Chapel renovations press on
For nearly a year now, the eastern edge of the Quad has been dominated by caution tape and construction equipment. What began as precautionary maintenance has become a complete rebuilding project.
"Constantly we're looking around to see the condition of the buildings," says acting Director of Facilities Management David D'Angelo, "we try to catch problems before they become serious."
D'Angelo outlined a four-step process that the College follows in construction projects on campus; beginning with "conceptual design"--the administration seeks to understand the situation and its challenges to formulate a goal. This is followed by "schematic design"--the creation of a logical means of achieving the stated ends. The "development process" is outlined next, and is followed by a continual refinement process that seeks to acquire accurate budget statements and cost expectations. D'Angelo placed the current project in the refinement stage, currently completing a preventative measure to help the towers weather the winter.
"Stage 1 will be done in October sometime--probably late October--netting will be up with stainless steel bands every ten feet or so," says Shawn Smith, on-site project head from H.P. Cummings Construction. "Then, in March, the netting will be taken down, and the stones will each be numbered, removed, and stored."
What brought this about? Weather-related spalling was beginning to force pieces from the outer granite wall to protrude from the towers and even caused several to fall altogether. The science behind the problem is simple--moisture seeps through cracks in the mortar holding the carved stones together and expands with the freezing temperatures in the winter, forcing the blocks from out of their positions.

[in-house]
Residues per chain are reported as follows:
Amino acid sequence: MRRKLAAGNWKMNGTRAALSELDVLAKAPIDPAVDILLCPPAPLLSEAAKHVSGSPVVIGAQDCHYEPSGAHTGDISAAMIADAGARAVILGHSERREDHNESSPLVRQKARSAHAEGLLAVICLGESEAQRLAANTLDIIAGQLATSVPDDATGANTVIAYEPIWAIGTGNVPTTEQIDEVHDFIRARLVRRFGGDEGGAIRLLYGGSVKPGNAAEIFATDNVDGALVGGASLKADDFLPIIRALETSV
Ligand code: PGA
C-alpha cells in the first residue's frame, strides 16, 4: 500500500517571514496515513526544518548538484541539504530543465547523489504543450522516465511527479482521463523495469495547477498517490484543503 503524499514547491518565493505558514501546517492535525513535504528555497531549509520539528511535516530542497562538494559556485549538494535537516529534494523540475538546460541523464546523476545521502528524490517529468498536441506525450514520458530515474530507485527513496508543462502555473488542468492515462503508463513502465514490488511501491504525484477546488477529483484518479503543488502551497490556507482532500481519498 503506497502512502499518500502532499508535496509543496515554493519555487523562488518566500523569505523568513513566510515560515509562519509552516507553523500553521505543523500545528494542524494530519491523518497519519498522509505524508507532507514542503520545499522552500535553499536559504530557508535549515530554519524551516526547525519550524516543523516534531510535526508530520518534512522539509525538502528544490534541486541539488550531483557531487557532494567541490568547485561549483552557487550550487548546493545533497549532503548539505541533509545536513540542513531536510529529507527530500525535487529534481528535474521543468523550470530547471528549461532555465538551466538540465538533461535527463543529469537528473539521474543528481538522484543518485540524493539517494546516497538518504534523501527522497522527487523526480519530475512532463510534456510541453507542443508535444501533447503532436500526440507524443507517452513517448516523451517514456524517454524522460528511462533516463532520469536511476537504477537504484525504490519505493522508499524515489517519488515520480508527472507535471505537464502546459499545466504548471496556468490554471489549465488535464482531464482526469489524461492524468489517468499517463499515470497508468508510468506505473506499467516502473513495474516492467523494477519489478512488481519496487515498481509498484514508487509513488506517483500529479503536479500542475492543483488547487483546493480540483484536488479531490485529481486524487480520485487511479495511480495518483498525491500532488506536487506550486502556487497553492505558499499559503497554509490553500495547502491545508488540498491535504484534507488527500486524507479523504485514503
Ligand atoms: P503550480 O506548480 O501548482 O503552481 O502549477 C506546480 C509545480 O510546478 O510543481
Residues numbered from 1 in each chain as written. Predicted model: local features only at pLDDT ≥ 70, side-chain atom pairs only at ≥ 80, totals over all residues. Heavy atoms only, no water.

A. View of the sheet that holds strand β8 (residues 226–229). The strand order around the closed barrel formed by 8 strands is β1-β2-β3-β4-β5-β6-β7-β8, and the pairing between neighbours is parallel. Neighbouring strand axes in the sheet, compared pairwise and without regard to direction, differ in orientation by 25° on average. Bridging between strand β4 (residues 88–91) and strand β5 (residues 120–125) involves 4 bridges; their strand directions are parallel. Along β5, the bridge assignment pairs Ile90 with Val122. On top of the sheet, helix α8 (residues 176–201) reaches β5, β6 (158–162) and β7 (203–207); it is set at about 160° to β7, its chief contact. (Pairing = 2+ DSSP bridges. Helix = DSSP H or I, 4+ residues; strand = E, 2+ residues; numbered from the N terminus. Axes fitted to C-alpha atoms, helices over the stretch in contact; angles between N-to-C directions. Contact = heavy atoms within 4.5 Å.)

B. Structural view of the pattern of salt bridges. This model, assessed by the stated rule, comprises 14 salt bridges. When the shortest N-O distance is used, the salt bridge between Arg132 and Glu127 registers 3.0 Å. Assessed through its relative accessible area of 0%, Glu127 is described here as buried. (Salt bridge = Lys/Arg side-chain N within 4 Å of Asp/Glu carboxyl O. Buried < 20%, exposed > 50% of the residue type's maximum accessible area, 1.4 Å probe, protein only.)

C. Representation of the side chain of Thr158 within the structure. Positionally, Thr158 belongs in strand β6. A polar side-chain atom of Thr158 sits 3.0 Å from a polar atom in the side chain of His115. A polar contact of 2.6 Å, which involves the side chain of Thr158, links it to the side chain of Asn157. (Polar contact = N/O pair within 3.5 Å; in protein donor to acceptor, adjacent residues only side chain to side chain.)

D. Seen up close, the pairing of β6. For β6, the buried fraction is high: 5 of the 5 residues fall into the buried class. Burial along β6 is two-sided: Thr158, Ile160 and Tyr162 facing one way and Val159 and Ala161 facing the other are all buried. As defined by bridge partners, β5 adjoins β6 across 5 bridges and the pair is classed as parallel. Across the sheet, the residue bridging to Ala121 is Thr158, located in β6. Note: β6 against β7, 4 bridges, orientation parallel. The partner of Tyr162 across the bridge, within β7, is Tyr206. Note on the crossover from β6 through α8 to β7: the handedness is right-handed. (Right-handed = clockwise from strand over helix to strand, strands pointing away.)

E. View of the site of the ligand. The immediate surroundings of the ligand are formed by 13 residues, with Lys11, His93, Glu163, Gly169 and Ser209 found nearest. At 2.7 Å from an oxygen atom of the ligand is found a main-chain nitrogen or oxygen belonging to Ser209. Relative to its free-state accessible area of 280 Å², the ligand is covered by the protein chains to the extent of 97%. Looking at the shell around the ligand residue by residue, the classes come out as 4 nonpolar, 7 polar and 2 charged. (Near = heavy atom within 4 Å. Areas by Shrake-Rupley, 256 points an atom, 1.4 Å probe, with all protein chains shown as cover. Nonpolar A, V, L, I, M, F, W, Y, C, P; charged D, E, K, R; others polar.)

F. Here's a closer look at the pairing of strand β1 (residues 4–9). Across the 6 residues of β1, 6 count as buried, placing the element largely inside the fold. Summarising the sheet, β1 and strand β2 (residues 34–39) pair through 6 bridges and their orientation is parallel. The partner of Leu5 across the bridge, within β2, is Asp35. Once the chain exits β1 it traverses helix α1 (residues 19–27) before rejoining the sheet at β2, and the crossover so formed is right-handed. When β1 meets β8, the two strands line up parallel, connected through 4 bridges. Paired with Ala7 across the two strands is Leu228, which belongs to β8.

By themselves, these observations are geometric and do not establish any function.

The towers are twelve feet on a side with three-foot-thick walls. Only the outer foot of carved granite stone will be removed, leaving the interior two feet intact. H.P. Cummings is responsible for the initial scaffolding construction and preventative measures for the coming winter. The firm, founded in 1879, is responsible for many other recent renovations on campus, including the Moulton Union terrace repairs last summer, as well as the Hawthorne-Longfellow Library, Searles Science Building, and Walker Art Building dome renovations. The firm was also involved in the construction of Wish Theater and has done work on college campuses throughout the East, including Middlebury College. The College is reviewing several proposals for the second stage, including two separate plans from H.P. Cummings involving two different masonry partners.
The second stage will begin in March and involves the stone removal and rebuilding for the North Tower. Work will begin on the South Tower the following March. D'Angelo realizes that this can't necessarily be a strict timetable, when budget concerns and schedules are still up in the air to some extent.
The Chapel has been a part of Bowdoin's campus for most of the College's existence. Built in the 1850s under the supervision of architect Richard Upjohn and opened in 1855, it has long been an impressive monument to Bowdoin's strong sense of tradition.
Bowdoin College President Barry Mills noted that, "The
chapel is an incredibly important building on the Bowdoin campus and in
the state. When you are the keeper of a historic building, it is your
responsibility to maintain it. We look forward to returning the chapel
to its former splendor."
Now, after a century and a half, the renovations are seeking to preserve that tradition for future Bowdoin students through a completely new beginning for the towers.
"Hopefully, when we're done, this will last another 150 years," says Smith.